What message does THIS send to employees?

posted by Brendan Hodgson

A clear example of the perils of seeking publicity around what would be seen (at first glance) as a morale-raising  initiative and then having it backfire when the terms and conditions of that initiative aren’t made entirely clear – either to employees or to the media.

While National Semiconductor spokeswoman LuAnn Jenkins is quoted as saying “they were not a gift,” and that “we were very careful on the language we used talking about it,” the real question, in my view, is whether they were careful enough with respect to the language they used in communicating this initiative to their own employees.

It would seem not.

When you read the release, what would you think? Is it a business tool, reward, or both?

“Our employees were vital contributors to our most successful year in National’s 47-year history, and we wanted to equip them with the tools to help us create more value for our customers,” said Halla.  “The Apple iPod exemplifies the next stage of the consumer electronics revolution as content such as downloadable music, movies and digital photos –as well as a compelling user experience– takes center stage.  And, it’s analog that makes the difference.  This is where National, and our employees, deliver value to our customers.”

6 Comments
06

Jul
2006

Boyd Neil

Parsing the news release excerpt closely, I would have to say the company has a case. The purpose of the iPod is clearly stated:  "create more value for our customers." Giving it away to a family member as a gift is not creating customer value. But could it have been clearer? Probably.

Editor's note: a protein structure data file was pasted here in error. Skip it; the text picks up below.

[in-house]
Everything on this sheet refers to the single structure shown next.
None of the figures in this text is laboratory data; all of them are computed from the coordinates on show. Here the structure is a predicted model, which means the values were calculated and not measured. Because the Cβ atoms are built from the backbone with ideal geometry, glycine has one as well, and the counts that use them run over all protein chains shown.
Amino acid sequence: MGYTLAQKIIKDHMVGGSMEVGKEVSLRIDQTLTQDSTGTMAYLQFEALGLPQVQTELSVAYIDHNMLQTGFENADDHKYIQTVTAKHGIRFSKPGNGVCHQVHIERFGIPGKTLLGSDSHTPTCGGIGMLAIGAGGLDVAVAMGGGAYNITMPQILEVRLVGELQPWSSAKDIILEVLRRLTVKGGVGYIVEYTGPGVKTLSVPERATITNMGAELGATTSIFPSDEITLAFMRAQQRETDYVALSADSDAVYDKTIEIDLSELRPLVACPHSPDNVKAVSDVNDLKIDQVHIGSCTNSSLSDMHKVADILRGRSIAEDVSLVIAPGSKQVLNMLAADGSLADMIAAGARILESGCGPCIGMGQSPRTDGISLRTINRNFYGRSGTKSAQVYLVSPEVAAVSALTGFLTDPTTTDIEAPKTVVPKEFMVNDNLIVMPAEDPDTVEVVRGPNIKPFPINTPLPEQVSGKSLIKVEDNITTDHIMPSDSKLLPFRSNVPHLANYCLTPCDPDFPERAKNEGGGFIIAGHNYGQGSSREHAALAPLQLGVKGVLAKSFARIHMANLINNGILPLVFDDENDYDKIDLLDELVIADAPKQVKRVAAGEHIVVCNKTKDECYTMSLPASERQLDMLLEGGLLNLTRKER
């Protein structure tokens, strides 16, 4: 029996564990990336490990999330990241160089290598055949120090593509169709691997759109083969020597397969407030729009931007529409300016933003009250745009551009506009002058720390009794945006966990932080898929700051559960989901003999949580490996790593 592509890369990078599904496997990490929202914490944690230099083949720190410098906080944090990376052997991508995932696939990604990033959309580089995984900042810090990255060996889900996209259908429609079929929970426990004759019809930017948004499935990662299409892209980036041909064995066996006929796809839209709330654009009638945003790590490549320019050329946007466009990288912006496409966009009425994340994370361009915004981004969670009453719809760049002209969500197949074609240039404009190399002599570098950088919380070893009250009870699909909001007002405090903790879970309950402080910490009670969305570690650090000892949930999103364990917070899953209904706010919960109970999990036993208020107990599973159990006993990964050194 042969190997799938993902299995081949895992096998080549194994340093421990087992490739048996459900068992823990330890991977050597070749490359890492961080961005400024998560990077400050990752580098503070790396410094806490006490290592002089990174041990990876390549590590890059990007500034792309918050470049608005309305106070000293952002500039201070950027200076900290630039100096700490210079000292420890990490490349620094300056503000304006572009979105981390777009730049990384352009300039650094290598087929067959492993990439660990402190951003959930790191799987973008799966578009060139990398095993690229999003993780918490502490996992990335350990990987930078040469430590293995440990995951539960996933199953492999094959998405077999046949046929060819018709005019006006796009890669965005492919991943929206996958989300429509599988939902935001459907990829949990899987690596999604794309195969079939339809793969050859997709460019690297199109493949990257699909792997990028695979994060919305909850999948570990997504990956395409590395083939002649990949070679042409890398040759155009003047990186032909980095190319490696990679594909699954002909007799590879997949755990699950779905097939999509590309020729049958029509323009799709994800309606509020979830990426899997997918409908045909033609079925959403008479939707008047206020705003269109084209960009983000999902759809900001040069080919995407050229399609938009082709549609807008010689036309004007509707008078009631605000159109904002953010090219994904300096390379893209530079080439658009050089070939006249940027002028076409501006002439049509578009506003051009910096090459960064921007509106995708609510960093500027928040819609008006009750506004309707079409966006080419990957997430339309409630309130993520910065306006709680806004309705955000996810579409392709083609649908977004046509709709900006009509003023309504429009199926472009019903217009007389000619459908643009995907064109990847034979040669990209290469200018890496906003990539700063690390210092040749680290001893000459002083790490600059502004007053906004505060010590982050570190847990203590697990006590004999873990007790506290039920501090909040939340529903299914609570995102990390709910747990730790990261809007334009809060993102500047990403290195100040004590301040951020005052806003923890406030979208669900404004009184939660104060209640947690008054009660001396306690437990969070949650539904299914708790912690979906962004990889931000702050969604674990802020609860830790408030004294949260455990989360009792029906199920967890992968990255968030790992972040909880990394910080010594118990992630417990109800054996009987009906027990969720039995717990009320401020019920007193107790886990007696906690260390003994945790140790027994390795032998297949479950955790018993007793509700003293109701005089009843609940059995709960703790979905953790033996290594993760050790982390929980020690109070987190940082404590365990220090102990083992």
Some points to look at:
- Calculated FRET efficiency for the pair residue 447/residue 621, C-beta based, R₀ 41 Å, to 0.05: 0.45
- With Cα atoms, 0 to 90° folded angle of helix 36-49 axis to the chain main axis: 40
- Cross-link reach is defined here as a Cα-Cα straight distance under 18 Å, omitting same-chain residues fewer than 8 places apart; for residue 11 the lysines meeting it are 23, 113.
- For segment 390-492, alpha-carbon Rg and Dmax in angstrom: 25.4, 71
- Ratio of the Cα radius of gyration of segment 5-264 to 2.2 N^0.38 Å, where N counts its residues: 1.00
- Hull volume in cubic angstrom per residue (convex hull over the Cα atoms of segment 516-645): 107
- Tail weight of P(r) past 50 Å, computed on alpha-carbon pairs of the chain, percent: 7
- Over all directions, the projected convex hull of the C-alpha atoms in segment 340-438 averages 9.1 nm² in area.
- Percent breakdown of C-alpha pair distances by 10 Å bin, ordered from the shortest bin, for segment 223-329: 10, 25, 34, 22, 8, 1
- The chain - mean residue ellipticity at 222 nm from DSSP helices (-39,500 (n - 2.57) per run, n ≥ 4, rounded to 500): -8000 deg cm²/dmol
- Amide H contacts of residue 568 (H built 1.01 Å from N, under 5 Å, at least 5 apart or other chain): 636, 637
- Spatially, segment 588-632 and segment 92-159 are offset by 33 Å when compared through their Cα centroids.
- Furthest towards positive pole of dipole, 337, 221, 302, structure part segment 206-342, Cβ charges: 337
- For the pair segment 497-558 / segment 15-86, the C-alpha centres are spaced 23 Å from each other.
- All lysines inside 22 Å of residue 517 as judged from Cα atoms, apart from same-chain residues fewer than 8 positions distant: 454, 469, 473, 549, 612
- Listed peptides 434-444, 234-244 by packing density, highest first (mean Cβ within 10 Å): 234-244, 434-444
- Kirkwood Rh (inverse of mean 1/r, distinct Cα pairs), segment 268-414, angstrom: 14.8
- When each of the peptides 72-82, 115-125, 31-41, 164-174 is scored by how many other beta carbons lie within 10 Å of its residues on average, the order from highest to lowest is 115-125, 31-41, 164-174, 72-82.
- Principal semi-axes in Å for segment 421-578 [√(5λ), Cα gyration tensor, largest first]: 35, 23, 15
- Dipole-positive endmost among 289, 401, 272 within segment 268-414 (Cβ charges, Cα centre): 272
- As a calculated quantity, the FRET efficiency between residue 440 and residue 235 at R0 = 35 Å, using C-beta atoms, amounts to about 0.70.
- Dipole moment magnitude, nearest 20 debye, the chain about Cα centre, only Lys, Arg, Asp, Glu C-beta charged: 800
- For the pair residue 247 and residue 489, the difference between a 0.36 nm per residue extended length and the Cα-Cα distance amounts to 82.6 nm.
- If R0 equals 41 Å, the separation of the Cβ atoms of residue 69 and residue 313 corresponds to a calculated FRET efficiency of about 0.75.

06

Jul
2006

Brendan Hodgson

Intentional ambiguity for legal purposes is not my idea of meaningful communications, particularly to employees. For an organization to say that it has the legal right to reclaim these iPod’s based on vague wording (which we can only assume was also reflected in its internal comms or it would not have had these issues – but that’s still up in the air)may be valid. However, in the court of public opinion, legal justification may not fly from a perception stanpoint, and cause equal amounts of damage to reputation.

06

Jul
2006

Owen Lystrup

Funny you should bring this up. I wrote a post on it a few weeks ago when the news was announced.

I got in contact with Jeff Weir, the person who wrote the release and asked him  what the motivations were behind giving everyone iPods.

From his response, it didn’t seem as if they were anything but gifts.

However, I think it’s crappy regardless to give a gift and whisper (no matter how clearly or unclearly it is done) that you have the right to take the gift back whenever.

As an employee, I wouldn’t feel to rewarded.

06

Jul
2006

Brendan Hodgson

Owen, thanks for the "insider" input, and your post is interesting in its prescience. Without the full facts, I’m still not sure they really thought this one through.

10

Jul
2006

Canuckflack

Voice. It’s a concept we normally associate with identity, opinion, the differentiation of personalities. Charlton Heston is the voice of authority. Dr. Ruth represents compassion. Will Rogers was your wise old uncle. Morton Downey Jr. was your crazy

22

Sep
2010

JohnHE

Hi,

Just saying hello to this forum.

John

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